5 tips for writing effective emailsBy Jason Alba
Do you start your day by checking your email? Even though time management gurus caution us to only check email once or twice a day, for many of us regular email checking is so addicting (and we’re so afraid to miss something important) that we check for email every few minutes. Many of us can’t even imagine turning off the email notifier — that would be crazy!
This is how I check my email each morning: I look for stuff to delete, purge those emails, then open the rest and determine which of the remaining messages really needs a response. Isn’t that how you do it? We have become masters of identifying spam and fluff, able to quickly filter out the chain mail and political rants from well-meaning family members or coworkers. We’ve become so efficient at this we can perform mass deletions without reading more than the first few words of the subject line.
Now let’s turn the tables and think about the messages YOU send to your friends, family, coworkers, customers, prospects or anyone else you might send an email to. Are those people looking at your name in their inbox and thinking “oh, another email from him.” Or are they looking at the subject line, wondering if they should just delete it without reading it?
As I’ve spent time improving my own communication throughout my career, and preparing a course for Pluralsight about writing better emails, I’ve become convinced that we need to be more purposeful and strategic in what we are communicating in our subject lines. Of course, once you get past that point, and your recipient opens the email, what will they find?
Here are five components of an effective email that will not only be opened, but read and responded to as well:
Use a good subject line. – Using a good subject line ensures your email will not be counted as spam or deleted without the person actually reading it. The subject line first need to get past the spam protection, so writing something about winning the lottery or using too many exclamation points might prevent your email from ever getting to the recipient in the first place. Then it needs to pass the recipient’s own test of validity and importance, so putting the name of a politician or something cute might be regarded as “don’t have time for this funny stuff, it’s fine to delete it and not respond.”
When you write your emails, write purposeful, grabbing (but not salesy) subject lines. Some people swear by putting as many details into a concise subject line as possible (such as “confirm call on Thursday at noon — you call me?”), and sometimes people will put everything in a short subject line with EOM at the end. EOM means “end of message” (so there’s no need to open the email).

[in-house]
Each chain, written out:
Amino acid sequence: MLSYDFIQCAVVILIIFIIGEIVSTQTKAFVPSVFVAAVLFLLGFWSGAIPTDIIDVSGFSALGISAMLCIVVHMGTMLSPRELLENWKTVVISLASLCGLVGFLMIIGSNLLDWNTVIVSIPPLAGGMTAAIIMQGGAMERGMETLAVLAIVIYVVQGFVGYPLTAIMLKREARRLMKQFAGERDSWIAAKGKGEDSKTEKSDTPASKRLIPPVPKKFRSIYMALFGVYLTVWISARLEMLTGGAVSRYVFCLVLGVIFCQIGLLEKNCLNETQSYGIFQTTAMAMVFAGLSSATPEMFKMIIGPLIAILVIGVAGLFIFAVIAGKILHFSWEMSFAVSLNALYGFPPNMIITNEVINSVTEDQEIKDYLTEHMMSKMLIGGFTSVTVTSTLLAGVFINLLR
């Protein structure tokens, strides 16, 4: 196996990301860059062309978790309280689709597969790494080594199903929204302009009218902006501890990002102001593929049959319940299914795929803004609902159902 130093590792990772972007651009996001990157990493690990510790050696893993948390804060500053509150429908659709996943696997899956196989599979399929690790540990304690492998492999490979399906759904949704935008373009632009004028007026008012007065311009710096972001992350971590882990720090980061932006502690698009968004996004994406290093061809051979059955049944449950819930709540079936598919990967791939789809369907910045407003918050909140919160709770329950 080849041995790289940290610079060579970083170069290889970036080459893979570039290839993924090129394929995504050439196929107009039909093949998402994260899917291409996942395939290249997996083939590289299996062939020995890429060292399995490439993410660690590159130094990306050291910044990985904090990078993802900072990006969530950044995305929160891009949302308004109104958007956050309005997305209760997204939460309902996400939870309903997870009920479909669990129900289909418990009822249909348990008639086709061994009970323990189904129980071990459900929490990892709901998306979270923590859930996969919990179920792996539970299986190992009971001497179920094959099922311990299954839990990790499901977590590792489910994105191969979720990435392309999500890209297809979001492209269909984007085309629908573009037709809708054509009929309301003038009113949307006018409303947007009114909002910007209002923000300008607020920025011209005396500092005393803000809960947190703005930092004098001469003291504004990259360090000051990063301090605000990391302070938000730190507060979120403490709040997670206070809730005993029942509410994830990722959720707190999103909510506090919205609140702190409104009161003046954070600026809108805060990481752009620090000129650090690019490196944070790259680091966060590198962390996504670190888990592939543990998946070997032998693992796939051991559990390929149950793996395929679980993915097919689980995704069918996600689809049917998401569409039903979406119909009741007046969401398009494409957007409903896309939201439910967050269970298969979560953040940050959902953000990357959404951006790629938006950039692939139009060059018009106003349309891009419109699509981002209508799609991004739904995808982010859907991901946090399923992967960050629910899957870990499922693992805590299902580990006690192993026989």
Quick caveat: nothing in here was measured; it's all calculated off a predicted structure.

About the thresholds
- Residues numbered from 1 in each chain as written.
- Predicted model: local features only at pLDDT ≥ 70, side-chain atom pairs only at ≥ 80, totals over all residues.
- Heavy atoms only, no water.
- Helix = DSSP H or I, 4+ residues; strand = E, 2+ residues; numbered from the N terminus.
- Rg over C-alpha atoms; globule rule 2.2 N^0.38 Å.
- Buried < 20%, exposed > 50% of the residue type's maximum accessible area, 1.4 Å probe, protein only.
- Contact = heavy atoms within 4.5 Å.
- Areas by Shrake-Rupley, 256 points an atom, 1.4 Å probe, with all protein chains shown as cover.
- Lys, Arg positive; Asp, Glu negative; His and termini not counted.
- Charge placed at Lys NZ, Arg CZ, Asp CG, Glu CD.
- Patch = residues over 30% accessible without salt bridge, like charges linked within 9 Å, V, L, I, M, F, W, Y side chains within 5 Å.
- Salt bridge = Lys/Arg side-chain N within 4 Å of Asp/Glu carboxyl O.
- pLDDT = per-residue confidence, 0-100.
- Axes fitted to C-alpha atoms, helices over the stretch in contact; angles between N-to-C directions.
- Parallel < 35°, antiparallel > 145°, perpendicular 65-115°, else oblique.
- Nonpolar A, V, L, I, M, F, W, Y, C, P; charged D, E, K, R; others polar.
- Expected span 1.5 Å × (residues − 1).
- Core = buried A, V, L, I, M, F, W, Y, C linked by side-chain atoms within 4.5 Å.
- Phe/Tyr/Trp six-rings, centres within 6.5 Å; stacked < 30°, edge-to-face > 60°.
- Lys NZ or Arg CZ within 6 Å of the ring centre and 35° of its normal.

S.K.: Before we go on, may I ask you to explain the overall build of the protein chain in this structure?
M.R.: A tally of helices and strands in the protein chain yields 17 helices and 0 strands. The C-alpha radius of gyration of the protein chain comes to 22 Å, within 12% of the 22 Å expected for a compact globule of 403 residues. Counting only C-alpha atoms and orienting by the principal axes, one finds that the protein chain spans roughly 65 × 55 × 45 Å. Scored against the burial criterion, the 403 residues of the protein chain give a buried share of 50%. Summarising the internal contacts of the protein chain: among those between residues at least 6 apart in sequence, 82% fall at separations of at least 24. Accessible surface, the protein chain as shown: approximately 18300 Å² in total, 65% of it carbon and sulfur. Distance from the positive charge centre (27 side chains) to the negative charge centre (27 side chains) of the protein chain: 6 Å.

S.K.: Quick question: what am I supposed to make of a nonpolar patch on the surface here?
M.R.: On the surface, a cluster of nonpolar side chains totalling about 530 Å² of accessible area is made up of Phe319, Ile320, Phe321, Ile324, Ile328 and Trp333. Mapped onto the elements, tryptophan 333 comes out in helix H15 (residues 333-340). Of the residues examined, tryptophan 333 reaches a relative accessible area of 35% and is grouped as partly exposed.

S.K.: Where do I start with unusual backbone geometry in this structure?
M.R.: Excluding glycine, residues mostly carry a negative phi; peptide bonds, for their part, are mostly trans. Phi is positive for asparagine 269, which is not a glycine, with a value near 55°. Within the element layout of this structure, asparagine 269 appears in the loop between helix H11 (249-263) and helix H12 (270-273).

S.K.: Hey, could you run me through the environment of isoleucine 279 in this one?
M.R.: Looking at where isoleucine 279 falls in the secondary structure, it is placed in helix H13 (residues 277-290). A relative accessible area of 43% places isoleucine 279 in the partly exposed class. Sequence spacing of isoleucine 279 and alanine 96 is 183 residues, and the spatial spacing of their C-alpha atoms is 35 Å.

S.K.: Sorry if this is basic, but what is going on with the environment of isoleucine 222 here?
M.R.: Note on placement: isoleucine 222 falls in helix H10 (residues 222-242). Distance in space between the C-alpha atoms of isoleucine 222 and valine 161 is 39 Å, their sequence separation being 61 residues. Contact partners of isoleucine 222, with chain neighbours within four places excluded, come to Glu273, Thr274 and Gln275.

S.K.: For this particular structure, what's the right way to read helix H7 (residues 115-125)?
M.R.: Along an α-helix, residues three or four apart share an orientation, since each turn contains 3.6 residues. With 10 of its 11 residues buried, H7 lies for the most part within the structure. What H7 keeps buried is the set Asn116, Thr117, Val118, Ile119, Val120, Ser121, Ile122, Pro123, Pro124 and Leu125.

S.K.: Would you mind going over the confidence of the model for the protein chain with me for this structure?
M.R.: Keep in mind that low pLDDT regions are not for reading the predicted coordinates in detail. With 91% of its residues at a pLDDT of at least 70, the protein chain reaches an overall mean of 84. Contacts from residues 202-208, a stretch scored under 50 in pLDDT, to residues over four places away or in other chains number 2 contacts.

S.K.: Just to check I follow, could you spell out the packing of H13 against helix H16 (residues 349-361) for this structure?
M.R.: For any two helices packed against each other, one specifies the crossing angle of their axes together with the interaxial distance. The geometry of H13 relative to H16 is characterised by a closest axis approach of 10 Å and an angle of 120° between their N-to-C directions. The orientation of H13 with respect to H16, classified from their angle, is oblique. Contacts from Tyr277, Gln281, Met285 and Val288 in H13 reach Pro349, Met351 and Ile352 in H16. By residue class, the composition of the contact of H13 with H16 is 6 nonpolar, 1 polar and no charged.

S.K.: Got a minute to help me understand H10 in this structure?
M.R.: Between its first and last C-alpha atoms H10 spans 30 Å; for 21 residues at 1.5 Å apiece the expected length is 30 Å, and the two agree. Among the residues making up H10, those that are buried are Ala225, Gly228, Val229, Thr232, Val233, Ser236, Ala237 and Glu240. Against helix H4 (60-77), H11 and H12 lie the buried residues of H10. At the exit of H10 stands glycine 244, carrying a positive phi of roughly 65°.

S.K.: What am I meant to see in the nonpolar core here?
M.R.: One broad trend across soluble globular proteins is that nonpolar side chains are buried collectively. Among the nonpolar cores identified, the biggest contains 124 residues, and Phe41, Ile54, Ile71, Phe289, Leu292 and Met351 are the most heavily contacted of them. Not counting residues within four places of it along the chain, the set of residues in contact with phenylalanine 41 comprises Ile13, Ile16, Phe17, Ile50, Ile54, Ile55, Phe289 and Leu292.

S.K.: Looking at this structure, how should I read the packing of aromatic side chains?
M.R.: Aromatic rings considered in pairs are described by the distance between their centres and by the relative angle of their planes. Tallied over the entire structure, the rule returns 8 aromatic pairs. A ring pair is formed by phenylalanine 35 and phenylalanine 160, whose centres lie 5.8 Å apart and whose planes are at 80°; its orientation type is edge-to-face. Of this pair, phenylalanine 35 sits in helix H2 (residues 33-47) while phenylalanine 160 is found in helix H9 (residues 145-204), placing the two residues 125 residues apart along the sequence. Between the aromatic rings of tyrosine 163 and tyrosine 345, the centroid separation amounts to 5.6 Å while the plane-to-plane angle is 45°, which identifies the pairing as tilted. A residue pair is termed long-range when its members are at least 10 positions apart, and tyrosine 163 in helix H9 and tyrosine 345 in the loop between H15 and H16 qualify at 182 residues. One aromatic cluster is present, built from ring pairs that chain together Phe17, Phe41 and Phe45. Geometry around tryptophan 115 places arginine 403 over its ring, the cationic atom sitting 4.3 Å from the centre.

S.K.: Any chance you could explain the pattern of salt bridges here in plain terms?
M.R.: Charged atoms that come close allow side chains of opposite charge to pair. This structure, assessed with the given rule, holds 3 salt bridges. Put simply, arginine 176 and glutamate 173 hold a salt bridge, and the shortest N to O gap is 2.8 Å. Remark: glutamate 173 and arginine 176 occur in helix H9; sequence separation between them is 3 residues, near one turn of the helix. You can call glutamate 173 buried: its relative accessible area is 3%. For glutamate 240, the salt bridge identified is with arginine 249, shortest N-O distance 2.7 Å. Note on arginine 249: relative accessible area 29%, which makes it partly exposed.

Put the message (or you) into context. – The first one or two sentences in your email should always put the message into context, and help the readers remember or understand how they know you. It might be something like “I saw you speak at the conference last weekend” or “I found your profile on LinkedIn when I was looking for xyz experts.” Or you might say something like “John Smith said you worked together and he recommended I reach out to you. He said you are one of the experts in this area and if anyone could help me, you could, or would know where to point me.”
Give a reason. – Forgo the temptation to spend a paragraph or two talking about yourself and things not likely relevant to the recipient. Once you have established context, let them know exactly why you are writing the email, and what you hope to get from them (information, an introduction, time on the phone, etc.).
Include next steps or a call to action. – Too often I read emails from people who leave the next steps ambigious, or don’t include a call to action. It leaves me wondering if it’s an informational email that I can simply file away, or if I’m required to do something with it. Make the next step explicitly clear. If there isn’t a next step, and it really is just an email to share information, let them know!
The email signature. – This is a branding opportunity where you can remind your readers of who you are and how they could perceive you, or a way to inform of additional channels of communication. I see too many missed opportunities with weak or non-existent email signatures.
Are your emails effective? Are they getting the responses you want? Are your emails delivering the message you want to communicate? If not, I encourage you to take a few more minutes when you craft your emails, be more purposeful and clear, and make it easier for recipients to really get the messages you intend.
About the Author
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